Tuesday, September 30, 2008
Foolish, foolish people, what have you done?
As the markets melted yesterday and billions in imaginary wealth evaportated, habitual debtors and idiot spendthrifts all over the country sat on their couches watching the numbers and quaking with fear. The party is over, and it's time for the children to metamorphose into adults.
This is assuming, of course, that they have the capacity to do so.
A few years ago I was working for a property appraiser in Bakersfield, and in that capacity frequently visited the city's newest upscale suburb, Haggin Oaks. Even though the American economy was chugging along at that time, I was appalled by what I saw in this fools' paradise, where the nouveau-riche were building enormous McMansions and imagining themselves the heirs of the Hapsburgs. Some of these piles were silly imitations of Renaissance French castles, with turrets and stained glass; others were incredibly tasteless examples of the style I call Vegas decadent. At the time I figured probably 90 percent of the owners of these ridiculous pretensions were in way over their heads.
One day as I got out of my car in a post office parking lot, I was nearly run over by a huge, red SUV. This thing was really enormous, and it disgorged a woman so tiny she had difficulty getting down from her high perch. She had her small boy child in the passenger seat, and was able to reach up and lift him out of this Sherman tank with some difficulty. But what do ease of access and egress matter when you're driving the monster everyone else envies? So don't bother me, we'll waste as much gas as we want! And I thought the same thought watching her that always popped into my head driving through Haggin Oaks.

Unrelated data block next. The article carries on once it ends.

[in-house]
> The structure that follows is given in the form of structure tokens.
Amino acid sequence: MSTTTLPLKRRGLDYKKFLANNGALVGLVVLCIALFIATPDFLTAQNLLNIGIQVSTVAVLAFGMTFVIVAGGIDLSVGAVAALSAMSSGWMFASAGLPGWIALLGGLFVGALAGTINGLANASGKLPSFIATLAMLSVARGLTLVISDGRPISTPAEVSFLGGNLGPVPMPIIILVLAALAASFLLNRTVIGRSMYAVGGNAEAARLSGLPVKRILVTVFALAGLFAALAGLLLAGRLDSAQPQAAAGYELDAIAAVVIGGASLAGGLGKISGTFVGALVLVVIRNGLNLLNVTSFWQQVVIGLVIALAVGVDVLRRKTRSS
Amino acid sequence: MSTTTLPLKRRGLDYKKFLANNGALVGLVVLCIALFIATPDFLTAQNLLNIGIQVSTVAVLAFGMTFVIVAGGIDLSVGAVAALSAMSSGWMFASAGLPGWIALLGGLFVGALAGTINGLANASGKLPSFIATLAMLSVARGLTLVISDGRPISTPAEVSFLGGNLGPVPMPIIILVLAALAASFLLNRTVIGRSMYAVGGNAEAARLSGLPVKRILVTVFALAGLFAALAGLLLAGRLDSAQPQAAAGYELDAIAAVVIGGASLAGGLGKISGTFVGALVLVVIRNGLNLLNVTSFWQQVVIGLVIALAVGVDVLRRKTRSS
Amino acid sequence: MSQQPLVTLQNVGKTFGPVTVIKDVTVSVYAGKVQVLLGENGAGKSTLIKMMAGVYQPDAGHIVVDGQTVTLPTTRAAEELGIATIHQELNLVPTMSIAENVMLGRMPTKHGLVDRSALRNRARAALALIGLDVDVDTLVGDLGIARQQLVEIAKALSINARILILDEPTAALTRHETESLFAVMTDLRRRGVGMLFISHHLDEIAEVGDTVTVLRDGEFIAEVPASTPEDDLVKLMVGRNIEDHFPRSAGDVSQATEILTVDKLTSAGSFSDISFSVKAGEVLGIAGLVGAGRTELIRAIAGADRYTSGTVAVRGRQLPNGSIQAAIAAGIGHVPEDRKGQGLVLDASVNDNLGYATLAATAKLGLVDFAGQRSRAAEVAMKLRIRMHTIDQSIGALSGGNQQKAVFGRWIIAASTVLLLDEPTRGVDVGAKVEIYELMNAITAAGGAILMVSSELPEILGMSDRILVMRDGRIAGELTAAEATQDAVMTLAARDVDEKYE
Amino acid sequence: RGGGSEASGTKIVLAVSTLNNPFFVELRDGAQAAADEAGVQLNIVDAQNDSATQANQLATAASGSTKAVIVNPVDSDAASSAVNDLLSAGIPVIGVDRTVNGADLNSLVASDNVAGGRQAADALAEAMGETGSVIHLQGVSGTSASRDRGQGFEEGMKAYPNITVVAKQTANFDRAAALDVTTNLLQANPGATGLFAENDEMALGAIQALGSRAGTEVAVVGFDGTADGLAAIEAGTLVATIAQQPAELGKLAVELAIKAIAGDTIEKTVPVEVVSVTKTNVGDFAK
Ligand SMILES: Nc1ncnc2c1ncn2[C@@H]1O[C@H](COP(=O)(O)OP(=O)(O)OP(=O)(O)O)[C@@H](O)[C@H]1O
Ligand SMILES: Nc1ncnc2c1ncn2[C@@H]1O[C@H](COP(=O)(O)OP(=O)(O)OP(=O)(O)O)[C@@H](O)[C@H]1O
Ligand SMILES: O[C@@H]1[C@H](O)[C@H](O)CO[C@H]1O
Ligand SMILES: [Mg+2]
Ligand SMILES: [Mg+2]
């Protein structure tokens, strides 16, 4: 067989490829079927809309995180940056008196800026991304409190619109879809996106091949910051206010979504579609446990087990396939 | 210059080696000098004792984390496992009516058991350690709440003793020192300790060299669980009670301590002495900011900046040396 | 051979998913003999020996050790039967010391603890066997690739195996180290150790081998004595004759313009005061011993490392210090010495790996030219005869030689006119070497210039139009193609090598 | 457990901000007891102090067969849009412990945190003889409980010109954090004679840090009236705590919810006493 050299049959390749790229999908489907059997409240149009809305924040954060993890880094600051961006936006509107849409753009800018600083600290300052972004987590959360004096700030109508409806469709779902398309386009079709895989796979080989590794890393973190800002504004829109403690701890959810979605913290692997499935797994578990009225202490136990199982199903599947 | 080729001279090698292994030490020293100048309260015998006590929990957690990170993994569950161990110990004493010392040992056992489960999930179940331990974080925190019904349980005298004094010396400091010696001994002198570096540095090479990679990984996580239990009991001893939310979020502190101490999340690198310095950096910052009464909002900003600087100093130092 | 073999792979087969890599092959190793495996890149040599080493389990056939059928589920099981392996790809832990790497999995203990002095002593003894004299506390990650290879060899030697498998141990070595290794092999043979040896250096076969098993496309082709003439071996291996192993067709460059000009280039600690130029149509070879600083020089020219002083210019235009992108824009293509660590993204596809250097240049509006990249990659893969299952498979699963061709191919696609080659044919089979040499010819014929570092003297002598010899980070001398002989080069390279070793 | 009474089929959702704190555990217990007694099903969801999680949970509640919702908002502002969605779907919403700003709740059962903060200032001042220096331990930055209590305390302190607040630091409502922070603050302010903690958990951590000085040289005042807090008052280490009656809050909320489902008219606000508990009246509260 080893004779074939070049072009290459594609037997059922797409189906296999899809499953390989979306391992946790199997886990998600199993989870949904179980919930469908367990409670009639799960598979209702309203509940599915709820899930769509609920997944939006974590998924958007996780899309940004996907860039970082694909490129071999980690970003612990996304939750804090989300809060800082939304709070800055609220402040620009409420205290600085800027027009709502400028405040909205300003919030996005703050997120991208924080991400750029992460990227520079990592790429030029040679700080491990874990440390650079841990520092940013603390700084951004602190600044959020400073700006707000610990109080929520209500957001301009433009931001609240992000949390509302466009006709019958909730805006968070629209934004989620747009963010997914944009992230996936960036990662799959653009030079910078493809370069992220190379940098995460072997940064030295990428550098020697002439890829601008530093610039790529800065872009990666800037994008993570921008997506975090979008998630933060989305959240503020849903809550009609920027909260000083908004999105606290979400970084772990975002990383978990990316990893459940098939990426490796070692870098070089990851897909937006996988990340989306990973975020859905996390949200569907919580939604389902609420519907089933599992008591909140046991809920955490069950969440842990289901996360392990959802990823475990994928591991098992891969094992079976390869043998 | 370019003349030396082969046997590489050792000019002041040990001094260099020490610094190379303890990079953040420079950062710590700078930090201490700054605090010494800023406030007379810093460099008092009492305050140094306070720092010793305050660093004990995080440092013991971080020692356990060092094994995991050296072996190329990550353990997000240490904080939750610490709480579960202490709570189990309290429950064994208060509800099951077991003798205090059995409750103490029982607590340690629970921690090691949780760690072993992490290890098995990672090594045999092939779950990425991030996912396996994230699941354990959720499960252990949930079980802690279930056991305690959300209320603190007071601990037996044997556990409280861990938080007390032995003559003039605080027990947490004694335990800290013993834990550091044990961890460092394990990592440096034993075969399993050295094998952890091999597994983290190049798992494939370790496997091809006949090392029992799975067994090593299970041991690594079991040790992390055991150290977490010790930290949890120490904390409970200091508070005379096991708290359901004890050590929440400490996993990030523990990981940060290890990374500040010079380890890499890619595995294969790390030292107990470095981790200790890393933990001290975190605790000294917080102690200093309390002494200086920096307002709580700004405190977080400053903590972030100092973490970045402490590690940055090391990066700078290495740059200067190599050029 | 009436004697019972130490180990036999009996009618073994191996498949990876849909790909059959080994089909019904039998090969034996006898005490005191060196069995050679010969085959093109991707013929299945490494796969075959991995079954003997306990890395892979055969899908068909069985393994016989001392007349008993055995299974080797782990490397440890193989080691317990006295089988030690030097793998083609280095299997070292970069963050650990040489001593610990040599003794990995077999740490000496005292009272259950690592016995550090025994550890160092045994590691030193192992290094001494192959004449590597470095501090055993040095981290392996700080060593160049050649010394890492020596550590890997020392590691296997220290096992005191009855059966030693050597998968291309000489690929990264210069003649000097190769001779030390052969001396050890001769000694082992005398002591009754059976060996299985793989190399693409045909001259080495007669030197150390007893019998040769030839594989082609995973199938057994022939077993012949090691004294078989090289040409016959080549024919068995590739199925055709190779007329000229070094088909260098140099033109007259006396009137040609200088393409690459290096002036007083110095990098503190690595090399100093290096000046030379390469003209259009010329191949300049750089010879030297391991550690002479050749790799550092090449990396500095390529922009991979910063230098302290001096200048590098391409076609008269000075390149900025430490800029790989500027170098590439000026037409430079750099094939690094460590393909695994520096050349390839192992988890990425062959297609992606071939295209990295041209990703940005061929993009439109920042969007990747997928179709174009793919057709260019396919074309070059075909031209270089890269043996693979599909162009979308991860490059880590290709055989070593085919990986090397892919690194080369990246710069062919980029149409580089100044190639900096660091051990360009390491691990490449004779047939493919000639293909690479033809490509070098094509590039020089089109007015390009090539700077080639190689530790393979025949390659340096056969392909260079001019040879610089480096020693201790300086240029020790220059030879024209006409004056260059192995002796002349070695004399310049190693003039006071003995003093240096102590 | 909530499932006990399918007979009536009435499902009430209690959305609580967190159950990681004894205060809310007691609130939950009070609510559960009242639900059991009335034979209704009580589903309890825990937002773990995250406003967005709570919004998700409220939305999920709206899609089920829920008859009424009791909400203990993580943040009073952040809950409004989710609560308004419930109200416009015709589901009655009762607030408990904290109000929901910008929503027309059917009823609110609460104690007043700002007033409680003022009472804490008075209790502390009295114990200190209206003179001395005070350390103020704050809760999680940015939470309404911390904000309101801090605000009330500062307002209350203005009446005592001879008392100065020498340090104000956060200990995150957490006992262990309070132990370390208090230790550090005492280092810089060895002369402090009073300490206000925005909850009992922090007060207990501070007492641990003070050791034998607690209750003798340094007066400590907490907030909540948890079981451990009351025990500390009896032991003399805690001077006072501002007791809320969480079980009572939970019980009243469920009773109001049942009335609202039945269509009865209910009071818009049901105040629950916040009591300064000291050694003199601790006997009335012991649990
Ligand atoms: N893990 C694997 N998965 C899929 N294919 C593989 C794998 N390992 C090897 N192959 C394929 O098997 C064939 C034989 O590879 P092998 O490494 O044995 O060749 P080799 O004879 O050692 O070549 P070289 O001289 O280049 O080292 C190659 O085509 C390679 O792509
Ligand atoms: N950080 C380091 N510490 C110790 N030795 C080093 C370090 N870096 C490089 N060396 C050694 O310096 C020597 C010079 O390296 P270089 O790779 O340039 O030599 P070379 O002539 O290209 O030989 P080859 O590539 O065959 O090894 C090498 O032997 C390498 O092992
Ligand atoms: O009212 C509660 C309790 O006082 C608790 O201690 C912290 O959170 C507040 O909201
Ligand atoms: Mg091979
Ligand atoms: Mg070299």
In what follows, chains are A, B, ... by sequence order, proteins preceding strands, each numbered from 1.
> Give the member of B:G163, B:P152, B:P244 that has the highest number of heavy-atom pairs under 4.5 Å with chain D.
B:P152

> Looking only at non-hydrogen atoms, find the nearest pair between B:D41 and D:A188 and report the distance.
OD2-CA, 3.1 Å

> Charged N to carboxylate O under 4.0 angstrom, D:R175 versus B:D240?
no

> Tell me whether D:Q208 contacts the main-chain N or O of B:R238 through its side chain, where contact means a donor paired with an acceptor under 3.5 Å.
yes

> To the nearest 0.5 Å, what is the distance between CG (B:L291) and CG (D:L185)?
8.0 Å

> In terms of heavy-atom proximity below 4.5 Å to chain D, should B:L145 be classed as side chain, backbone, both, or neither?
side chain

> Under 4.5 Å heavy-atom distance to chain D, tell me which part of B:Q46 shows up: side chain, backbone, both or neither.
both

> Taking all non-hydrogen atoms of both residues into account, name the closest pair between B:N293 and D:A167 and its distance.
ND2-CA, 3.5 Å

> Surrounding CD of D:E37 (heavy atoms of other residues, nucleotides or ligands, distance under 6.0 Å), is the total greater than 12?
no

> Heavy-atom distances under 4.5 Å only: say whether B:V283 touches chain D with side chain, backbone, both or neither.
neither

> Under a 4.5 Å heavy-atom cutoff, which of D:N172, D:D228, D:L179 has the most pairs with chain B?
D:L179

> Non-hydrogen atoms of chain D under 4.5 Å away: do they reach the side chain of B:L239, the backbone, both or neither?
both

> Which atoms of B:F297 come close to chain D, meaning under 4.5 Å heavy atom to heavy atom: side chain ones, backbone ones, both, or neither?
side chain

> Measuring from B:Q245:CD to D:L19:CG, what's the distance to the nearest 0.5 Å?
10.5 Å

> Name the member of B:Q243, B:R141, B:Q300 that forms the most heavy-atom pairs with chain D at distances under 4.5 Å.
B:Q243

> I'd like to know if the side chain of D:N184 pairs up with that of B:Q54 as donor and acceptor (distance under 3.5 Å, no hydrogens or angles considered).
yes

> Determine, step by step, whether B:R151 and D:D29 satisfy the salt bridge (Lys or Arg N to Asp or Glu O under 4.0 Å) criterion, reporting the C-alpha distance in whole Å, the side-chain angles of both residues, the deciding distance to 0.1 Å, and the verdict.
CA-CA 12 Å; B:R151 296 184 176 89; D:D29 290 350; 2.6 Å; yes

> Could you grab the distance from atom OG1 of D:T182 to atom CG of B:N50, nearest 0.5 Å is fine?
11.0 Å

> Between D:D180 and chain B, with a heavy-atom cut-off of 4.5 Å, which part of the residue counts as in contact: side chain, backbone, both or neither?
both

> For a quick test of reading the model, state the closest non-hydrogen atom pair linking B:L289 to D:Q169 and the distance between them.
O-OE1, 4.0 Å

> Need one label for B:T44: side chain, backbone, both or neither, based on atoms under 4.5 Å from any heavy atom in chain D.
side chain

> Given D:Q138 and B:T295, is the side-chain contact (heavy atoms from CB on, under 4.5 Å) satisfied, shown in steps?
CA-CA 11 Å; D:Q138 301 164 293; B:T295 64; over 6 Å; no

"Who the hell do these people think they are?"
Andrew Bacevich, author of "The Limits of Power," was interviewed recently on PBS by Bill Moyers. Washington Post reviewer Robert G. Kaiser wrote that Bacevich's slender volume describes "an America beset by three crises: a crisis of profligacy, a crisis in politics and a crisis in the military. The profligacy is easily described: What was, even in the author's youth several decades ago, a thrifty society whose exports far outdistanced its imports has become a nation of debtors by every measure."
In his interview with Bacevich, Moyers quoted from the book: "The pursuit of freedom, as defined in an age of consumerism, has induced a condition of dependence on imported goods, on imported oil, and on credit. The chief desire of the American people is that nothing should disrupt their access to these goods, that oil, and that credit. The chief aim of the U.S. government is to satisfy that desire, which it does in part of through the distribution of largesse here at home, and in part through the pursuit of imperial ambitions abroad."
This is the philosophy of fools, and it permeates American society from top to bottom and back again. It's at the top, however, that this foolishness, raised to a pitch of absolute hysteria, is at its worst. It has led us into the Middle East generally and Iraq specifically, in an idiotic attempt to secure the petroleum resources to continue a way of life that has no future -- a way of life Dick Cheney has called "non-negotiable."
At the bottom, where most of us live as what our capitalist masters insultingly refer to as "the consumers," it has led to bigger houses, bigger cars, bigger-box stores and endless vistas of strip malls, and unconscionable levels of frivolous and self-destructive debt. These debts have now matured, and borne a bitter fruit.
We've sold our souls and our Madisonian heritage for a pile of garbage.
All of this recalls the parable of the Prodigal Son, in Luke 15:11-32, and while that story ended happily, God only knows how our story of prodigality and foolishness will play out.
The Hieronymus Bosch-inspired painting of the Prodigal Son is by Russian-born Chicago artist Andrei Rabodzeenko.